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"What do we do about bad examples like this one?"

Scott Santens
Scott Santens
3 min read

In response to the following news article: “The money is gone!” Teary mugshot drew $114K in donations, but prosecutors have taken back their deal

This is actually a good example of why basic income should be basic and unconditional, and not that basic income is a bad idea.

First of all, Shanesha received a one time lump sump of $114,000. No one is suggesting that level of basic income. With two kids, I think her basic income should be around $20,000 per year. That means she got $20,000 basic income and $94,000 in disposable income.

Next, the nature of a large lump sum versus regular income, leads people to spend it spuriously instead of wisely. Had she been given this money in a way that awarded it to her over the course of 5.7 years ($20k/yr), all signs point to her not spending it in the same way she did as a lump sum.

Also, she was unemployed when she received the sum, versus employed. Studies of lottery winners show they tend to keep their jobs and treat their winnings as a big bonus. If you're unemployed, winning the lottery will not automatically get you a job. It doesn't suddenly give someone more education, more experience, or a better resume, nor does it make jobs pop into existence.

If someone is unable to get a job, be it due to lack of education, or lack of experience, or lack of jobs, they need a regular income that can provide their basic needs. Period. No questions asked. They will use this to either increase their education, increase their experience, create their own jobs, focus instead on their communities or families, etc.

This woman needs her basic needs covered, just like everyone else. The fact she was given a huge lump sum and squandered it, is not at all a black mark against basic income.

She used her money on food and rent, didn't she? She must have because she's still alive.

She used her money to feed and clothe her two kids didn't she? She must have because I presume their deaths and nudity would have been mentioned.

Once her basic needs were covered, she used what she perceived as $94,000 in disposable income (all the money above and beyond what covers basic needs) to stimulate the economy didn't she? She purchased what appears to be a shitload of designer clothes, and even invested money in studio time for the father of her children.

Here's a question. What if the guy had actually succeeded and become the next big star with a record deal? Would we still make fun of her for taking that risk?

It seems to me this also supports the idea of increased entrepreneurship through decreased risk. She felt she had the opportunity to make her partner a star, and took the chance on him. Most of the time this will fail, but sometimes it doesn't.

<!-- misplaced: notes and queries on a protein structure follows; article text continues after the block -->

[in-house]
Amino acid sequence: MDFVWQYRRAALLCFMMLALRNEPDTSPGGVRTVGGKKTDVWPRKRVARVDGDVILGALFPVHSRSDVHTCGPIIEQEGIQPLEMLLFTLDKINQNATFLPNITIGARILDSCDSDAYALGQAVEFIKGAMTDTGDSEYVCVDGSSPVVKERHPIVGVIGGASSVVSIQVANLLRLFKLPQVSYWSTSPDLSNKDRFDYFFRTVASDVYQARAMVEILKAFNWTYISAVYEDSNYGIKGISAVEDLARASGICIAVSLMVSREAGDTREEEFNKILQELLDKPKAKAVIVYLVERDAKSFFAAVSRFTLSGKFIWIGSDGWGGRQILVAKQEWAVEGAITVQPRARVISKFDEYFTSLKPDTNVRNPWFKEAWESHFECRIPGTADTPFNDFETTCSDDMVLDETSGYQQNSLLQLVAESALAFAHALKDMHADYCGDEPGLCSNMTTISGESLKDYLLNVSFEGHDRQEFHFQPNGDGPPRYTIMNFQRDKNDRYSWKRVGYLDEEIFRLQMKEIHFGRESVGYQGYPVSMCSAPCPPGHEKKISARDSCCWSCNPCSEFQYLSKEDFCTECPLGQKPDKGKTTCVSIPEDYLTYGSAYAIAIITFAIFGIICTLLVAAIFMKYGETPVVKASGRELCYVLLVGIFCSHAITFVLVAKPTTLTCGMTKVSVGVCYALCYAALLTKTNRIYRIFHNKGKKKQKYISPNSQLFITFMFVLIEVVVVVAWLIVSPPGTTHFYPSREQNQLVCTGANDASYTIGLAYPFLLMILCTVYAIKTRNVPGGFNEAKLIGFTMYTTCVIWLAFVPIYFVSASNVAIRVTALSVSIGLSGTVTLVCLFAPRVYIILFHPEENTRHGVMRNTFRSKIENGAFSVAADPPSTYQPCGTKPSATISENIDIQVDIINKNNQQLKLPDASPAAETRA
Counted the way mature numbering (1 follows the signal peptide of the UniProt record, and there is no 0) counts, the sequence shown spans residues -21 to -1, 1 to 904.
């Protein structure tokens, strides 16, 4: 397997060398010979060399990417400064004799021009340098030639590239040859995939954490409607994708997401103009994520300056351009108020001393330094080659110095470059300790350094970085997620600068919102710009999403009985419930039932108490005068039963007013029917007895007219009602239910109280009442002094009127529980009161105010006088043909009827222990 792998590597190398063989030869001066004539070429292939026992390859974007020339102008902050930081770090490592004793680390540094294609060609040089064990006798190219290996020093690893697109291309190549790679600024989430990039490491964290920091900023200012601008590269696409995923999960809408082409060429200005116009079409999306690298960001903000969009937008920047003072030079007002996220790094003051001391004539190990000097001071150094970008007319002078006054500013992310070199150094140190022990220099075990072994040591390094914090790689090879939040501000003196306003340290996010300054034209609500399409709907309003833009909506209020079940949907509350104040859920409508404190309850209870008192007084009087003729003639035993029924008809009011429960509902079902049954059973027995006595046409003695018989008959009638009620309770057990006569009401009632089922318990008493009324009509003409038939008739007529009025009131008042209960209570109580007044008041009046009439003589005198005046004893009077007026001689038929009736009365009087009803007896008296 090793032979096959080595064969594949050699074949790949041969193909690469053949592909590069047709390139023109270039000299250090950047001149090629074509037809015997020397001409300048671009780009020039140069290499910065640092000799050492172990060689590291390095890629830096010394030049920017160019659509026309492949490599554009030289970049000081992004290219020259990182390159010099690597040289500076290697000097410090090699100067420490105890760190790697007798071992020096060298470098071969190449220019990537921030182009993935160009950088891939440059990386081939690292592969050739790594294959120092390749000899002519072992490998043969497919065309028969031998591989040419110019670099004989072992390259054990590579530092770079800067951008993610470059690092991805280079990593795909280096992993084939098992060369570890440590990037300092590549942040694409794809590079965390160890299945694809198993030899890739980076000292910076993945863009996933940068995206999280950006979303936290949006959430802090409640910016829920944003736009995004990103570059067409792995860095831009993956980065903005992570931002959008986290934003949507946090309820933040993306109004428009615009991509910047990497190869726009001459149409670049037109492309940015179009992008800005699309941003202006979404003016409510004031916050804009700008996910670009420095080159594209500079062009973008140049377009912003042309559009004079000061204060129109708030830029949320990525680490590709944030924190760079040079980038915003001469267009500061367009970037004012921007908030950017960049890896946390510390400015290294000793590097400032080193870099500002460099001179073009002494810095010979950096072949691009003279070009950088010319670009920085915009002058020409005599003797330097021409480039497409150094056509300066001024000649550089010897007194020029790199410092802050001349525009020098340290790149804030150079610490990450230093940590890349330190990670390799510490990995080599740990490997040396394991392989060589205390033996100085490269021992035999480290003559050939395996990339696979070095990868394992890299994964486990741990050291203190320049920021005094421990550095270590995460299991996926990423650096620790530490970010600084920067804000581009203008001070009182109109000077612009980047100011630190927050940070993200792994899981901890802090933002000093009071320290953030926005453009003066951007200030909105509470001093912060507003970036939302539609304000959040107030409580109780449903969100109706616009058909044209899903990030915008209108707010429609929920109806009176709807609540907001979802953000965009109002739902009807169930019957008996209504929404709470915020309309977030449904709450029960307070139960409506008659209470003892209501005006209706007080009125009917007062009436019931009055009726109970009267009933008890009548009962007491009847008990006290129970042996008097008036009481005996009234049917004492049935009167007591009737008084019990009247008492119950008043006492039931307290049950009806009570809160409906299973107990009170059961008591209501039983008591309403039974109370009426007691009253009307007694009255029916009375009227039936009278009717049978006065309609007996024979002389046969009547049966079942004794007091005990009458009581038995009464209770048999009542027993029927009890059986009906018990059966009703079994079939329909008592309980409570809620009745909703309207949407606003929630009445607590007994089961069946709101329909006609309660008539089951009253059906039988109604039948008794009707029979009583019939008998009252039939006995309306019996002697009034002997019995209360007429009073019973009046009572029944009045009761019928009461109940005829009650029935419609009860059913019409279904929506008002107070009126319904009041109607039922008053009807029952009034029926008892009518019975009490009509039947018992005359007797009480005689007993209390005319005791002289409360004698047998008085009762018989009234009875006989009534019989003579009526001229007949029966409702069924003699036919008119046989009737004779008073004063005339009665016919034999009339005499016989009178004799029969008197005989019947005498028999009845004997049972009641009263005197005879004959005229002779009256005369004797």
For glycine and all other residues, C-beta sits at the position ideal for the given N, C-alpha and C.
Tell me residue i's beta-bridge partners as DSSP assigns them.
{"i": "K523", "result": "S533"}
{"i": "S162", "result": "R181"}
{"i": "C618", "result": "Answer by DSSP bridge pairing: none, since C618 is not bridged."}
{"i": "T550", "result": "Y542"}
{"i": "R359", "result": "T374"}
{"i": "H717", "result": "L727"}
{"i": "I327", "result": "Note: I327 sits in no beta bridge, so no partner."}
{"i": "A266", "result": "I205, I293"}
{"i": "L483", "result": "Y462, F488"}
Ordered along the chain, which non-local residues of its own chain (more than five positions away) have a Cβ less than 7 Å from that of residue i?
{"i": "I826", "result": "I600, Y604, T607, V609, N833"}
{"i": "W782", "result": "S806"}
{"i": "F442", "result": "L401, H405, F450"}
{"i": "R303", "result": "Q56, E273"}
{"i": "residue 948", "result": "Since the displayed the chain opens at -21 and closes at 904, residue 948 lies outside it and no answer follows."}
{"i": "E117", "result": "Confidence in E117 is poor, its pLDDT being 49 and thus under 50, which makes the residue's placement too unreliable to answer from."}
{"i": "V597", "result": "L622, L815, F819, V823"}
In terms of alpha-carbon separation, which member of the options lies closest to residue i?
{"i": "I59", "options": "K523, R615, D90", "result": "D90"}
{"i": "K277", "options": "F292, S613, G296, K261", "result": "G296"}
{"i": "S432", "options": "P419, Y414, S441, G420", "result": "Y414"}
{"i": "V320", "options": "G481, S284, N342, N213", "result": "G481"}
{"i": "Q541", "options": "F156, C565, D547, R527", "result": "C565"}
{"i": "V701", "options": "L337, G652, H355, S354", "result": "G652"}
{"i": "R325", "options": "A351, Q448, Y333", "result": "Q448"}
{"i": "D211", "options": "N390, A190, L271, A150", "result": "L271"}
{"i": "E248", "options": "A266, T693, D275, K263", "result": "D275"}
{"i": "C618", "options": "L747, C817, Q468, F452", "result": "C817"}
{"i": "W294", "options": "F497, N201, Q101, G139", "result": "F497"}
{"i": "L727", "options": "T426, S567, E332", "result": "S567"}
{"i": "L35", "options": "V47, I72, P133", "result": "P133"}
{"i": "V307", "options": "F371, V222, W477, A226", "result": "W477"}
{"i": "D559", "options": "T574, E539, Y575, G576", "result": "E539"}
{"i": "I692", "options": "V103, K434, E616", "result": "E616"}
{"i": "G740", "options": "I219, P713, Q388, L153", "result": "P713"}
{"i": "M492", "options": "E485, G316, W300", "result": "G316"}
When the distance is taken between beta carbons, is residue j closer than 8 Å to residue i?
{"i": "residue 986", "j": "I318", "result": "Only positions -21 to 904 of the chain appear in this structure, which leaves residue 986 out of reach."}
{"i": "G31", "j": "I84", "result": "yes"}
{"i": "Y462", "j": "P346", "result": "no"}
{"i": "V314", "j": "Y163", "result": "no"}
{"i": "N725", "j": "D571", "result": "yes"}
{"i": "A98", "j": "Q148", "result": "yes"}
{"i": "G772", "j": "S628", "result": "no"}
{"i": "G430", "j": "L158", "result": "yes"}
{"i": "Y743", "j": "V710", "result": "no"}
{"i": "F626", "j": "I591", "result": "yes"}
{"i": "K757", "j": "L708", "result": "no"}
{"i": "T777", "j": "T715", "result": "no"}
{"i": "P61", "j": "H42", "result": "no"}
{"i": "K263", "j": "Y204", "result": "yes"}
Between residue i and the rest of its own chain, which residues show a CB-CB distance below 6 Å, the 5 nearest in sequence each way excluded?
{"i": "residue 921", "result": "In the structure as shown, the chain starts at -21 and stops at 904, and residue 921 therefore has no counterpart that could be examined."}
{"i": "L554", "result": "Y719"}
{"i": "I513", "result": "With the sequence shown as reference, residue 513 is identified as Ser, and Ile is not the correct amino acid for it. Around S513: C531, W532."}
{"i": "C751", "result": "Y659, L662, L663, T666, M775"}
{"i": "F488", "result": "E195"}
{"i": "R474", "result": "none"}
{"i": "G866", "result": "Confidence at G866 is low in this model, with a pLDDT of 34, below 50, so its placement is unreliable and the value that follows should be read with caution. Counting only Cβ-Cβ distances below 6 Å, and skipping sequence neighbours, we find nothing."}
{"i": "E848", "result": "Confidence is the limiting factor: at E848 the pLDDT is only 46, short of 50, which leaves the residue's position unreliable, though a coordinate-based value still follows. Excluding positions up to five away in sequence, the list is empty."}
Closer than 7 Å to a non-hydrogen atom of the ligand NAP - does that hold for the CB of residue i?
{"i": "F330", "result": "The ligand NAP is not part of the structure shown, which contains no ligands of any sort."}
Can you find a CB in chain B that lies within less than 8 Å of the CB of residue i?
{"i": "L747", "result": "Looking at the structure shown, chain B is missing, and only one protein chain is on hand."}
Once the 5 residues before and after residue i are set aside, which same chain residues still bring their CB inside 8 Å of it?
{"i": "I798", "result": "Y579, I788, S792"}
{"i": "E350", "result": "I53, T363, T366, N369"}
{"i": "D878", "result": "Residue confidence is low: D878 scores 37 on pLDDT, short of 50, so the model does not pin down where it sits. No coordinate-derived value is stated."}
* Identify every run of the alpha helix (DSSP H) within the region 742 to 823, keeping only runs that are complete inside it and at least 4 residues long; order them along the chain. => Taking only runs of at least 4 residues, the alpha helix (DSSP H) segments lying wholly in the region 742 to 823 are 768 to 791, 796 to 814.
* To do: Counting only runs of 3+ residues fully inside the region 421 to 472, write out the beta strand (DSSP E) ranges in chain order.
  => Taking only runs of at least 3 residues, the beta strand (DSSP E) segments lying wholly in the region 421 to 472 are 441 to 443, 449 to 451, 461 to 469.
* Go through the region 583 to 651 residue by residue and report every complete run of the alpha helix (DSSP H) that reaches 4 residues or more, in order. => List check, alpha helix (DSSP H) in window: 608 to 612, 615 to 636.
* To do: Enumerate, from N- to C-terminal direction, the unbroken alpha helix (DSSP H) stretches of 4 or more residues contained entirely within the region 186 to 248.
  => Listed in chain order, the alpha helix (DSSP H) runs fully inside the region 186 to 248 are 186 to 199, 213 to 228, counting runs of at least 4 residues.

This is what basic income is all about. It allows people to make new decisions. Instead of being forced to work in a shitty job for low wages, it allows people to strive for more. It allows people to invest in capital, to create their own businesses, to take a chance on something big. Many of these people will fail. But that's okay, because their basics will always be covered.

Some people will not fail. Some people will achieve great things with their new ability to take such risks they'd never be able to take otherwise. And these successes will make basic income worth it for everyone.

If 10,000 people follow her example, and spend all their money on designer clothes and studio time, and 1 person spends their money to build a battery that lasts 10 times longer than every other battery in the world, everybody wins. There are no losers. 9,999 people consumed to such a degree the entire economy was lifted. And 1 person just changed the world.

That 9,999 people didn't change the world is not something to care about, because they wouldn't have changed the world anyway. That one person changed the world for the better for everyone is what we care about. Because that one would have been zero, had we not empowered all 10,000.

So how do we address bad examples like this one?

We recognize she's a good example, and accept her as a representative of the 9,999.

The 1s are still out there without a basic income. And ALL the rest of us are worse off because of it.


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Unconditional basic income (UBI) advocate with a crowdfunded basic income; Author of Let There Be Money; Senior Advisor to Humanity Forward; BasicIncomeToday.com editor; Fund for Humanity board member